Chilli Birds Eye Whole – 20g

Original price was: $4.99.Current price is: $3.49.

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Weight
20G

Product Description

The bird’s eye chilli is one of Thailand’s hottest varieties of chillies. They are picked at peak maturity then dried in their whole form to lock in full flavour and heat. Characteristic of the Thai sense of humour, the hottest of these chillies is called park kid noon, which literally means “mouse droppings.” This particular variety is known as Bird’s Eye chillies, or Bird peppers, simply because looking at one from the stem-end can appear like the eye of a bird. When they are fully mature, they turn red. They are a variety of Capsicum frutescens and were originally the chilli used in Sriracha sauce. The full range of chillies that The Spice People stock can be found here

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Flavour Notes:

Chilli Birds Eye whole are one of Thailand’s hottest chillies. On the Scoville scale, they rate between 50,000 and 100,000 Scoville units. That’s over 20 times hotter than a jalapeno but three times less spicy than a habanero. The heat can sneak up on you as the mature red Bird’s Eye chilli can have a delayed potency, with the heat building as you eat the dish, and then lingering long after you stop eating. If your taste tends toward medium or mild-spiced foods, try de-seeding them, then mincing for less heat.

Culinary Notes:

Dried chillies taste rather different from the fresh variety due to the caramelisation of the sugars that occurs during the drying process. Red chillies are a central ingredient in Thai cuisine, but Thai cooks also use green and yellow chillies, hence the three famous colours of Thai curry: green curry, red curry, and yellow curry. Each Thai dish is usually made with a certain chilli, although you can always easily substitute red chillies if you can’t find green or yellow. Peppers of all sizes and shapes can be found in Thai cooking, including sweet bell peppers.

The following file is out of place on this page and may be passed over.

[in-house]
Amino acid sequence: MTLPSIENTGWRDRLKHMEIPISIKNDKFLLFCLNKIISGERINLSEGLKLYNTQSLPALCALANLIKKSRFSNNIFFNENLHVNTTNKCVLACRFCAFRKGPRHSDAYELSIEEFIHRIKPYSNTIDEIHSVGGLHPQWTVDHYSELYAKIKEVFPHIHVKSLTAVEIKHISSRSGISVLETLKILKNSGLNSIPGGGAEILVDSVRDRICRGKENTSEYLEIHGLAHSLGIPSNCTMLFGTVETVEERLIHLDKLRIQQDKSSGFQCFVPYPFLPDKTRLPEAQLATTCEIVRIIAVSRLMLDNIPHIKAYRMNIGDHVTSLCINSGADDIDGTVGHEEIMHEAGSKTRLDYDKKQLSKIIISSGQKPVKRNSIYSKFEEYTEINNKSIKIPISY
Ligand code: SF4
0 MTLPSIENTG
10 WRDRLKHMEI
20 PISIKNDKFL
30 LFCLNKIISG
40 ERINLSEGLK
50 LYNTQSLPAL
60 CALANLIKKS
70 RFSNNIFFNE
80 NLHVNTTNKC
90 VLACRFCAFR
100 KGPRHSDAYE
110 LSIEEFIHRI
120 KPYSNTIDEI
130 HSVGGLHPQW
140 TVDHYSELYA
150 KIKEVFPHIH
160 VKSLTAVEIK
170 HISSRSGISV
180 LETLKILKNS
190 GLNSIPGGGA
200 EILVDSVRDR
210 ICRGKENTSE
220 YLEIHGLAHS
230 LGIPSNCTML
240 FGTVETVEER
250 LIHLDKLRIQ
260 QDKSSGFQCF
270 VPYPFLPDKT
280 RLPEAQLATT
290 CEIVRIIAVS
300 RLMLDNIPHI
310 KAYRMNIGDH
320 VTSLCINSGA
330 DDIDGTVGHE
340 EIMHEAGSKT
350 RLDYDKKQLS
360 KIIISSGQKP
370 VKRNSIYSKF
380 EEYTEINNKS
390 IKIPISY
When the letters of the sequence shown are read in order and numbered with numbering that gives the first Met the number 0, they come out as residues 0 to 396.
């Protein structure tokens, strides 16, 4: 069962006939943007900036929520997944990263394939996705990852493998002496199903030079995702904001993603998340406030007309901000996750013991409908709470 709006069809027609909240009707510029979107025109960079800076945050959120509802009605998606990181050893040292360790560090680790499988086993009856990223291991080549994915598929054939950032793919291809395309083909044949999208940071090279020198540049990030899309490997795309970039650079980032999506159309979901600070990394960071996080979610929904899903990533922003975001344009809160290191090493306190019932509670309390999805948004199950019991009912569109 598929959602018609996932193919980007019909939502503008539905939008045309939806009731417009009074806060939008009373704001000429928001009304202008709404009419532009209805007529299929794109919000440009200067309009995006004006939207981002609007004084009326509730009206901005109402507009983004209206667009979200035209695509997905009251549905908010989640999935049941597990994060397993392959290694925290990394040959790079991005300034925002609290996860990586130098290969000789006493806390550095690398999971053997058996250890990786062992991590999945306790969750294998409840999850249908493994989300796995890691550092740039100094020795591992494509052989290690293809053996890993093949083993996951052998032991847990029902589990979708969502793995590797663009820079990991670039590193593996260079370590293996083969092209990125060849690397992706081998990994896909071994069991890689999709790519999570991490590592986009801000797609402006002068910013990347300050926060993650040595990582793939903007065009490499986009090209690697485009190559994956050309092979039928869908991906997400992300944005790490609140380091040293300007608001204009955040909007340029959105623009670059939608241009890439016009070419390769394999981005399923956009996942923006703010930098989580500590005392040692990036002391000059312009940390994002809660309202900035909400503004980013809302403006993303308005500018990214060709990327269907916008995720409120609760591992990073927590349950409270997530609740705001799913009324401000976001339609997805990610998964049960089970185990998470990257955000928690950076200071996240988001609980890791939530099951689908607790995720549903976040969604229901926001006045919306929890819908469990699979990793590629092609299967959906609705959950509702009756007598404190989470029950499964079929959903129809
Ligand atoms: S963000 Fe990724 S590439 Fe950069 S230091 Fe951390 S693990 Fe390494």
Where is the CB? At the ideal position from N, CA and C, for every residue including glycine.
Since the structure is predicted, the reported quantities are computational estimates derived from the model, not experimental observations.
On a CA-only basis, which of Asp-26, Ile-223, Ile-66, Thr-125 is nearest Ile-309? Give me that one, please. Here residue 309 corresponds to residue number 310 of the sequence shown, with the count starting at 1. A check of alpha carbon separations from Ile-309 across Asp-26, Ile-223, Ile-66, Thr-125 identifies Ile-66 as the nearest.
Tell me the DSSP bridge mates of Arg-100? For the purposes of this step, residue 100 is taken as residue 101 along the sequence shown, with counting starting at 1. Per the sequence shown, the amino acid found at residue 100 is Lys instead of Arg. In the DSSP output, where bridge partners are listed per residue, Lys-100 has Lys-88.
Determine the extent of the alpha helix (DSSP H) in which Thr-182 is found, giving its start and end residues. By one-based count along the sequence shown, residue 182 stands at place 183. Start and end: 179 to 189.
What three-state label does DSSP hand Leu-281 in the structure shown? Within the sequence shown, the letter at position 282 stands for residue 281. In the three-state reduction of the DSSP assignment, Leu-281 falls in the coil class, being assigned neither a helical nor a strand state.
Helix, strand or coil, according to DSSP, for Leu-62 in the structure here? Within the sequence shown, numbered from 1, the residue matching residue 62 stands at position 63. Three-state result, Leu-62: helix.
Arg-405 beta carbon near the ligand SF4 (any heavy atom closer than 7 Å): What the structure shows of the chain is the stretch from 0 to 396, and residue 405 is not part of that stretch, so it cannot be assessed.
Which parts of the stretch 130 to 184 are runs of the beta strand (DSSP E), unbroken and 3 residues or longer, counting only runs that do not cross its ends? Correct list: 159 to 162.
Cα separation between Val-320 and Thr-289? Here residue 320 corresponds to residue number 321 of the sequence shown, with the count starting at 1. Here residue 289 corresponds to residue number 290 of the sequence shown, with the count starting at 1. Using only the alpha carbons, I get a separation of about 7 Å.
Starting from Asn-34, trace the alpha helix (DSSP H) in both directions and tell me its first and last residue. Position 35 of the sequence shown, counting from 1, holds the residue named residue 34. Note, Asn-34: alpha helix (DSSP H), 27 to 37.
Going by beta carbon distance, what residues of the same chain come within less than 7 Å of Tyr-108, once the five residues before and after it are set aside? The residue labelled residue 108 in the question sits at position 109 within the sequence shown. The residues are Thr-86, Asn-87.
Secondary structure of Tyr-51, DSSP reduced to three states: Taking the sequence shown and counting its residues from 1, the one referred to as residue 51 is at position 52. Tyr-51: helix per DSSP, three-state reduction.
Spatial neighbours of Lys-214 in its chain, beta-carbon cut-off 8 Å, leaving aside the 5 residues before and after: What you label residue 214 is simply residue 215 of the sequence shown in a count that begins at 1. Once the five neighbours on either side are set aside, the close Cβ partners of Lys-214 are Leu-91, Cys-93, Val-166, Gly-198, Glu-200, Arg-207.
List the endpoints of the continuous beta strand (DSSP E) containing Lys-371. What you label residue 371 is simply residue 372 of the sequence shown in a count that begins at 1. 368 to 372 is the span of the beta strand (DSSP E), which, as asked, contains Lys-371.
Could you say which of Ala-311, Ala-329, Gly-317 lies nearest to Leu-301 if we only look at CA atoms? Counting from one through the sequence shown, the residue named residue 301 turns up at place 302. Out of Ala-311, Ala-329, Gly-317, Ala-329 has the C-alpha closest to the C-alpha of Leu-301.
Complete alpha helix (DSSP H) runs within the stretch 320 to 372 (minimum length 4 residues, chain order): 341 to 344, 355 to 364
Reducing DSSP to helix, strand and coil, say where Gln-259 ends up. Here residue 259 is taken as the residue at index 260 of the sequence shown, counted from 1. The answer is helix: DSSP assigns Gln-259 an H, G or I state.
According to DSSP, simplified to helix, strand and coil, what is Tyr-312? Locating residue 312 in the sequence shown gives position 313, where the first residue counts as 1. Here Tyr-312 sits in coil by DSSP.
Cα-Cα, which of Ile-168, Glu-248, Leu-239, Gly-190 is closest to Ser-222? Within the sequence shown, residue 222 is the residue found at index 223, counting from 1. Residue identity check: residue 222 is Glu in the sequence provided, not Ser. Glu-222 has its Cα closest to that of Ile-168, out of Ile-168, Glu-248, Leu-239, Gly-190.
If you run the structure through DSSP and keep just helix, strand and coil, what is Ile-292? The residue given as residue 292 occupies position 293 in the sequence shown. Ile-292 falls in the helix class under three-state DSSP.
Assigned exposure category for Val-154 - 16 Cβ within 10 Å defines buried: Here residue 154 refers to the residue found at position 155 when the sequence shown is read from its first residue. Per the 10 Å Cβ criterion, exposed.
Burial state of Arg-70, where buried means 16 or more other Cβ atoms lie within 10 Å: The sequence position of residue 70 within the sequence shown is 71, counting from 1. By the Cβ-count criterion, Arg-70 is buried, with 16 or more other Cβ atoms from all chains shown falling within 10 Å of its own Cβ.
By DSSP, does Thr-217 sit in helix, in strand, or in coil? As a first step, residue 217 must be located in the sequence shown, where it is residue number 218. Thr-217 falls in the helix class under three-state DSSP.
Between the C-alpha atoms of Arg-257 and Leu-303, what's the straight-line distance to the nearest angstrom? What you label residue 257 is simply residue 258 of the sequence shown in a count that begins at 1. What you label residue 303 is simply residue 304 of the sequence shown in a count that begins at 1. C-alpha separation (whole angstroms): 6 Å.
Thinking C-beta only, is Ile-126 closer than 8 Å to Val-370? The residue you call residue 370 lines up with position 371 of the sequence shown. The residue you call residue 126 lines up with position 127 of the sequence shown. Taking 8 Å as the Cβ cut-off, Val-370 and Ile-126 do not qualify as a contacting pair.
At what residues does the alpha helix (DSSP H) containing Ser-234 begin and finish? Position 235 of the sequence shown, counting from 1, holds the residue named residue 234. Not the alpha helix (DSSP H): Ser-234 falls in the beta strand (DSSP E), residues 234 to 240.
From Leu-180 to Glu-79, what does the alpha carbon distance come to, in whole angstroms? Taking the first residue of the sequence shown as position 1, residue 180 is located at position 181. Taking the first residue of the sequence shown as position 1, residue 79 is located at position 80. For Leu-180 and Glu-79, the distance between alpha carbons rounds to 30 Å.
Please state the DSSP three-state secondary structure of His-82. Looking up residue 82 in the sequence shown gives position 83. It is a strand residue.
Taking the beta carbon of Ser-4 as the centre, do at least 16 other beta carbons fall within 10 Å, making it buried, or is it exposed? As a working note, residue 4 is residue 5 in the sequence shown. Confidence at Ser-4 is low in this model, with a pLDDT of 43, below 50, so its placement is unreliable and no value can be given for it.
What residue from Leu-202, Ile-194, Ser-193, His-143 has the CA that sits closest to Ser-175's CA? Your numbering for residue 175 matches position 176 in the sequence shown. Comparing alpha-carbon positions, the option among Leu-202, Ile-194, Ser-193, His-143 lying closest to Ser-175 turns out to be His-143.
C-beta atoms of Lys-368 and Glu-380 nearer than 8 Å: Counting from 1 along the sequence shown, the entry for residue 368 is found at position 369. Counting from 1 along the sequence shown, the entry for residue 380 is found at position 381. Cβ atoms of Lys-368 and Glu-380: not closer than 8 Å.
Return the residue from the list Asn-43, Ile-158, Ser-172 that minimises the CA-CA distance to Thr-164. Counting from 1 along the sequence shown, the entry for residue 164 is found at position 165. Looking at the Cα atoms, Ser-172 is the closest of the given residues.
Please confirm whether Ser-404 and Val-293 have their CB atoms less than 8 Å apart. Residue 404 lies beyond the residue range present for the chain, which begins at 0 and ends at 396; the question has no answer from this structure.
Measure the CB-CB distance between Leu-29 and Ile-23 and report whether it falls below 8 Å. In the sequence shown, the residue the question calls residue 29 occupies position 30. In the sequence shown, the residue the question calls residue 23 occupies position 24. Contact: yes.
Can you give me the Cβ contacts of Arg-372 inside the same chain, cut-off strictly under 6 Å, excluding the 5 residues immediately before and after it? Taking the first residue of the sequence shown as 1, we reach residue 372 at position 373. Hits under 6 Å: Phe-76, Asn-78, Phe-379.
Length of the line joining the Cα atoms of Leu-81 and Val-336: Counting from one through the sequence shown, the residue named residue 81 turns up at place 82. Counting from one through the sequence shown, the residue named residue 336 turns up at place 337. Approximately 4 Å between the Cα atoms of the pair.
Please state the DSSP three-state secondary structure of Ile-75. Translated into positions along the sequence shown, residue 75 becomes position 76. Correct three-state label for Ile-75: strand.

The full range of chillies that The Spice People stock can be found here

Health Benefits:

All chillies contain capsaicin which is known to have many health benefits including boosting the immune system, eliminating inflammation and aiding in weight loss.

Ingredients:

100% dried Bird’s Eye Chilli

Country of Origin:

Thailand

Other Names or Spelling:

Bird peppers

How to use

  • Rehydrate in boiling water before using
  • Chop finely and add into the beginning of cooking your curries, stews or rice dishes
  • Due to their intense heat, only 1 or 2 are needed at a time
  • Add to cool oil and bring to the heat gently for a spicy chilli oil
  • Grind in a mortar and pestle before adding to a dish to integrate seamlessly

Recipe/product links:

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The Spice People FAQs

Birds Eye Chillies, also known as Thai Chilli or Thai Bird Chilli, are small, fiery chili peppers commonly used in Southeast Asian cuisine. They are named for their small size and resemblance to a bird’s eye.

Birds Eye Chillies are quite hot, typically ranging from 50,000 to 100,000 Scoville Heat Units (SHU) on the Scoville scale. However, their heat level can vary depending on factors like growing conditions and ripeness.

Birds Eye Chillies are used to add heat and flavor to a wide variety of dishes, including curries, stir-fries, soups, sauces, and marinades. They can be added whole, sliced, chopped, or crushed, depending on the desired level of heat.

Birds Eye Chillies are suitable for most diets, including vegetarian and vegan diets. However, individuals with sensitivity to spicy foods or certain medical conditions like acid reflux or irritable bowel syndrome (IBS) may need to limit their consumption.

The Spice People FAQs